Your credit score is crucial.
It's calculated from your information prepared by credit bureaus. It indicates how likely you are to make payments or default.
A lender will use your score to approve your loans. Your landlord may also want to see it when screening your profile.
Not surprisingly, there is a strong need for Canadians to know their score.
Many financial advisors, websites, mobile apps and social media influencers claim there are ways to access it for free.
While it can be true for our neighbours down South, that is probably NOT 100% the case for Canadians.
First of all, 90% of lenders use the Beacon score (also known as FICO score). It was originally created by an American company FICO.
In Canada, TransUnion and Equifax are two major credit bureaus. They have their own versions of the FICO score. It's called CreditVision Risk Score by TransUnion. Equifax has ERS 2.0.
These "alternative" scores could be higher or lower than the FICO score. This is because the two credit bureaus are employing their own scoring formulas based on different (possibly similar) information of you.
But NEITHER of TransUnion or Equifax offers the actual FICO score to Canadian consumers.
I (Lechi) personally made calls and tried to get my score from them. They both declined.
Secondly, websites/mobile apps like Borrowell and Credit Karma are becoming increasingly popular. However, they purchase the scores directly from Equifax and TransUnion respectively. Not from FICO. So they can't address the issue.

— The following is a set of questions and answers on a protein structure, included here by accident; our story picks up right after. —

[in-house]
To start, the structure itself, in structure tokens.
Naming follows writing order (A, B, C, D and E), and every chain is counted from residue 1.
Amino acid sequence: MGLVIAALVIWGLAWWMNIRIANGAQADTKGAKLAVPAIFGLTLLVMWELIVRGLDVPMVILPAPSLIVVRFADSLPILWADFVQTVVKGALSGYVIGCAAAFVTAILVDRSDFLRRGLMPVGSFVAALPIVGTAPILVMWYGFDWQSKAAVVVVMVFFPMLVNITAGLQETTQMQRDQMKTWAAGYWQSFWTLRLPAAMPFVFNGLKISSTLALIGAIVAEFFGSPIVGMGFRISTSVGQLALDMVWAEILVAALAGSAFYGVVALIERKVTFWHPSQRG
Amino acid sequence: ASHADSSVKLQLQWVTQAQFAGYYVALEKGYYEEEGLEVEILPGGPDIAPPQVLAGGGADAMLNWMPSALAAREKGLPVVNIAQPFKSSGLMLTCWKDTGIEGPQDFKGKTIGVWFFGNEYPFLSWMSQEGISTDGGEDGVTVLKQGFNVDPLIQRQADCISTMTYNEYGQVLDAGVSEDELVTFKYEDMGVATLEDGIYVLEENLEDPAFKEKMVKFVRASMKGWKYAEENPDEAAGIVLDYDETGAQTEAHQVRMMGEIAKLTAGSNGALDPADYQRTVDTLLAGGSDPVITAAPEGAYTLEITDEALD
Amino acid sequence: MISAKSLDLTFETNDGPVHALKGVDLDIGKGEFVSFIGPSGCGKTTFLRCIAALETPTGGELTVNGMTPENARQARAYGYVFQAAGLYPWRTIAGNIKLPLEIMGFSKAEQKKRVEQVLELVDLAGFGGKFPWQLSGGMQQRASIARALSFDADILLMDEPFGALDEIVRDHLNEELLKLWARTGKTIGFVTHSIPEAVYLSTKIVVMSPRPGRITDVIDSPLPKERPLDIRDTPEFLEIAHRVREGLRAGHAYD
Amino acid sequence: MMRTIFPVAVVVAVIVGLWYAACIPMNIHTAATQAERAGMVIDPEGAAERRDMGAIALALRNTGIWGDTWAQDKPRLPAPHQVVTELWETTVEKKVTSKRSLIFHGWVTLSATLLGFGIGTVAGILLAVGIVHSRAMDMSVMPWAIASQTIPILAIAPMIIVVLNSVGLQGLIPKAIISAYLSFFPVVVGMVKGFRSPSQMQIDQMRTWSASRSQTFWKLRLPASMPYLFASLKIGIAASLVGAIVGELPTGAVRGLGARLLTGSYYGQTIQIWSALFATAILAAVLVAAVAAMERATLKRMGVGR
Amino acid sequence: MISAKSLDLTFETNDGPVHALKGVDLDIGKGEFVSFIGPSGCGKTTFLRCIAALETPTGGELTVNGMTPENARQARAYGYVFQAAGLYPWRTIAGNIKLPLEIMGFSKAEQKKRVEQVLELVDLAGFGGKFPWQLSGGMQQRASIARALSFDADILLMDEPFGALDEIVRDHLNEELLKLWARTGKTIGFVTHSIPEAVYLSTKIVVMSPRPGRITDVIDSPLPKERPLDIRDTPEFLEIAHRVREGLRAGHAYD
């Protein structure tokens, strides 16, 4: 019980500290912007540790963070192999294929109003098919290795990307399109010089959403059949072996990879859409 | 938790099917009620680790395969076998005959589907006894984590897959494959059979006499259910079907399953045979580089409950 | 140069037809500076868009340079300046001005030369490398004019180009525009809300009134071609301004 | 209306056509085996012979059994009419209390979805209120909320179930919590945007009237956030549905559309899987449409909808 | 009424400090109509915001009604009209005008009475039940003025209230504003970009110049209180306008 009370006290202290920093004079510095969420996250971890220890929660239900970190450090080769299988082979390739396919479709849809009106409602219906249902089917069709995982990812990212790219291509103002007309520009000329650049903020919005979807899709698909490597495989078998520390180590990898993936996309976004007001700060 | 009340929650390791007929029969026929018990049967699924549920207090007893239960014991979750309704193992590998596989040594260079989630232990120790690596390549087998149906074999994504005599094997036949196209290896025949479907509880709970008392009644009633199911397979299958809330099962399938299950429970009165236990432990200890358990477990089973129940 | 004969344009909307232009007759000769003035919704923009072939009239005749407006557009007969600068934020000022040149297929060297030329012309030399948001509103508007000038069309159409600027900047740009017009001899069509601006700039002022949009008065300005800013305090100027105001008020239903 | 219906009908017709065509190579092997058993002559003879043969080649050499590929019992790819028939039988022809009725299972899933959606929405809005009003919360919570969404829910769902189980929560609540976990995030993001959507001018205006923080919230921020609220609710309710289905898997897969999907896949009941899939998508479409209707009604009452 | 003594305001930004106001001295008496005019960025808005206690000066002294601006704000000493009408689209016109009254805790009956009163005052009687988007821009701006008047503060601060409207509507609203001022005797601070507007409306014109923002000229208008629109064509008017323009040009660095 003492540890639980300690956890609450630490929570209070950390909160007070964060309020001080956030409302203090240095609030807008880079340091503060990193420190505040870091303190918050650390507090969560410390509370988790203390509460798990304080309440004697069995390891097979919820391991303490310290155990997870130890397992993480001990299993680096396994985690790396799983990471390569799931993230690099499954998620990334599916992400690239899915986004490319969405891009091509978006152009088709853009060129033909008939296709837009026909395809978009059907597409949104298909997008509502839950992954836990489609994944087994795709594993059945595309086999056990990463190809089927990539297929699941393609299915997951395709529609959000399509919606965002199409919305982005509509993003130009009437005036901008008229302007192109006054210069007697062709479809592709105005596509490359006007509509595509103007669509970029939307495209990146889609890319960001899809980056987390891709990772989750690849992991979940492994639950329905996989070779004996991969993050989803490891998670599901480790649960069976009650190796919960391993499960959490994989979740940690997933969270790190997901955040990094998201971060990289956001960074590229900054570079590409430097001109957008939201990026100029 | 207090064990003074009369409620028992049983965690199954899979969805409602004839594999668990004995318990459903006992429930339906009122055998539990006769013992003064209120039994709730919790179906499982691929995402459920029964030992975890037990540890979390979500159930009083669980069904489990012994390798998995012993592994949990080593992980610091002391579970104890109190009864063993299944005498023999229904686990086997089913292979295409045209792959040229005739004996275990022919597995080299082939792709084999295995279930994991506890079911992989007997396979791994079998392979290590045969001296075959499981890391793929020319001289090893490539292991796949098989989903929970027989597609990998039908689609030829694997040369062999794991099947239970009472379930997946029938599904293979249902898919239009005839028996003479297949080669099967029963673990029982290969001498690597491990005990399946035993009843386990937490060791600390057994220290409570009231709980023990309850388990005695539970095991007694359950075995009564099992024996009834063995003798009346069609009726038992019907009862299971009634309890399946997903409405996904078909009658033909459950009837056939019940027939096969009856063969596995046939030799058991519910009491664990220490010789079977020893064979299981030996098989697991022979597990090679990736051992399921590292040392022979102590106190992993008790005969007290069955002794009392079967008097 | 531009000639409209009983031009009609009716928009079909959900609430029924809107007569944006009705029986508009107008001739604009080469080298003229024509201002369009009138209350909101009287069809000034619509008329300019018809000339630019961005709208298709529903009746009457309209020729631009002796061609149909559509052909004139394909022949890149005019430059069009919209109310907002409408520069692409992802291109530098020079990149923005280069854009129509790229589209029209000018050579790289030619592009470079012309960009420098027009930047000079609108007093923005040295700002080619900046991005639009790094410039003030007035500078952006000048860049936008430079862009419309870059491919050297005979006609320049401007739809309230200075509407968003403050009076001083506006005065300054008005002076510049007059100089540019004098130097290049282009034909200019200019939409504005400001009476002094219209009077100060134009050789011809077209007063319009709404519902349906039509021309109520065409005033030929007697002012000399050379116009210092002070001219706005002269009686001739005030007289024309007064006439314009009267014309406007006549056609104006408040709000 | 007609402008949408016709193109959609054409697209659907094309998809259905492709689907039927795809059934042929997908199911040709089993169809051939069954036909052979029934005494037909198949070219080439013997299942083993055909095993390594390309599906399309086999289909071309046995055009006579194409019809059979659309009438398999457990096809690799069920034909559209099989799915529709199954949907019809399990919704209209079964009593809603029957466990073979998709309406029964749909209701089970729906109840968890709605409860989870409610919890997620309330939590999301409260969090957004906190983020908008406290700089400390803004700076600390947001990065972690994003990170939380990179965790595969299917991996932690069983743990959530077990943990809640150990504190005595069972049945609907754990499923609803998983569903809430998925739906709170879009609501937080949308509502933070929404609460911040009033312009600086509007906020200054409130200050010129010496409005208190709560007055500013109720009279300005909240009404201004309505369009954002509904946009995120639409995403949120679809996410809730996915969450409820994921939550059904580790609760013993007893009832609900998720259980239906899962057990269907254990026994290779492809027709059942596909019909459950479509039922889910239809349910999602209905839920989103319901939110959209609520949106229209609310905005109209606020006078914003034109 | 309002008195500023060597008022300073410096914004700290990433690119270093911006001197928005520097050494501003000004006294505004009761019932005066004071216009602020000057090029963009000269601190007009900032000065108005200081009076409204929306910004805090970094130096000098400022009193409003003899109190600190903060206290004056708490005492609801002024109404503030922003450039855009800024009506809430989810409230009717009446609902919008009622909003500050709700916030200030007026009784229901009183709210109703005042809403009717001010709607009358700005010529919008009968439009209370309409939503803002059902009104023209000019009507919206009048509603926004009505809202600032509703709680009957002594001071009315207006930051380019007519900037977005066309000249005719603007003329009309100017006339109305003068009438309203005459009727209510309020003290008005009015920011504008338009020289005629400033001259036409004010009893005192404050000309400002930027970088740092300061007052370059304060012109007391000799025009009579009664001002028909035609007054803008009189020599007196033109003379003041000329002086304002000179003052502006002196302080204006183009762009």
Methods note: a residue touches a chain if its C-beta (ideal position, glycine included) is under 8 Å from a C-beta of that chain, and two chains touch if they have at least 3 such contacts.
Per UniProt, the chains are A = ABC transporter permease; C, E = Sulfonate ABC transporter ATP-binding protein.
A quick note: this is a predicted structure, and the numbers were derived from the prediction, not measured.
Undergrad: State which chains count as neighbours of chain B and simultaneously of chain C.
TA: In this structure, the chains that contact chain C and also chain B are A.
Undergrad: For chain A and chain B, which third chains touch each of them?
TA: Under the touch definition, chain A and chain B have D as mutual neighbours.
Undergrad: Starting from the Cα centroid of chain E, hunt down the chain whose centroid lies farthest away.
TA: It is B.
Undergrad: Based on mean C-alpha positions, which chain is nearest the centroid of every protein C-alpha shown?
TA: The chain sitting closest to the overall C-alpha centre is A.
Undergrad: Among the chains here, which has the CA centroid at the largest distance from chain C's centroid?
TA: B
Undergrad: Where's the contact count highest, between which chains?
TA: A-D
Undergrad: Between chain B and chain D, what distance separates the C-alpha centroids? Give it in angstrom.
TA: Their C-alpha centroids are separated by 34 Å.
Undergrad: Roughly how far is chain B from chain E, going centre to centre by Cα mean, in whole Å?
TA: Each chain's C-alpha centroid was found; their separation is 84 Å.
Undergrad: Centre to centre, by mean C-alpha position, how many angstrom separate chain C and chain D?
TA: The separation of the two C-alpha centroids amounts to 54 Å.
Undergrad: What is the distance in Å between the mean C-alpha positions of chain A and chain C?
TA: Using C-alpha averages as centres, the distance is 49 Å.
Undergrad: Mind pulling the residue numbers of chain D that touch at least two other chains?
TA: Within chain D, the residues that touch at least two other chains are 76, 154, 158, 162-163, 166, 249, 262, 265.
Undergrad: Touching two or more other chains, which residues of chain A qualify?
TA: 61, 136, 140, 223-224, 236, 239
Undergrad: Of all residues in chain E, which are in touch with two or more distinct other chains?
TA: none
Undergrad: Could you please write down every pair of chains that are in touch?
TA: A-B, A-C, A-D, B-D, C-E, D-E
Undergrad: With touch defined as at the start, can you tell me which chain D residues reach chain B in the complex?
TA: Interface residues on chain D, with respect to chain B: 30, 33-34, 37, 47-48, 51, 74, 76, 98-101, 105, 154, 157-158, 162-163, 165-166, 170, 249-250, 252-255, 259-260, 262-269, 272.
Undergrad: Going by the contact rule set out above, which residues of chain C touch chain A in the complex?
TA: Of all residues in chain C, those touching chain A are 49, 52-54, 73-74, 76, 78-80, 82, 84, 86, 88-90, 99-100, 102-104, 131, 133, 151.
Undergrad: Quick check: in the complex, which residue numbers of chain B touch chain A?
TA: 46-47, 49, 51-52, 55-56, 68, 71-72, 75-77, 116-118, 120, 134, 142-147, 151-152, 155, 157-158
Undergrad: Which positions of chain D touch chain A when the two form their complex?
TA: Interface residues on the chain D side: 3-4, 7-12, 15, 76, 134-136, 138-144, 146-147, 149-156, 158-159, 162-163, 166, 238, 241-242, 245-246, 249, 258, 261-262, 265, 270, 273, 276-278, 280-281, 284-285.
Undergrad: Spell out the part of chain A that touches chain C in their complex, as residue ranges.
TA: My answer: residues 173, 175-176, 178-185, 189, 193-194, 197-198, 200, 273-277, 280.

To find out your FICO score, you probably need to have someone run a credit check on you. It's also known as a "hard pull" or "hard inquiry".
That said, most loan brokers and lenders are prohibited from sharing a copy of the hard pull report with the consumer. Additionally, it could negatively affect your score.
As a result, the hard truth is it's almost impossible for Canadians to see the ACTUAL score that matches the one their lenders see.
The goods news is that regardless of which score is used, Canadians will take the same steps to improve credit score.
Paying your mortgage on time, maintaining low credit card balances, and keeping older accounts open all help.
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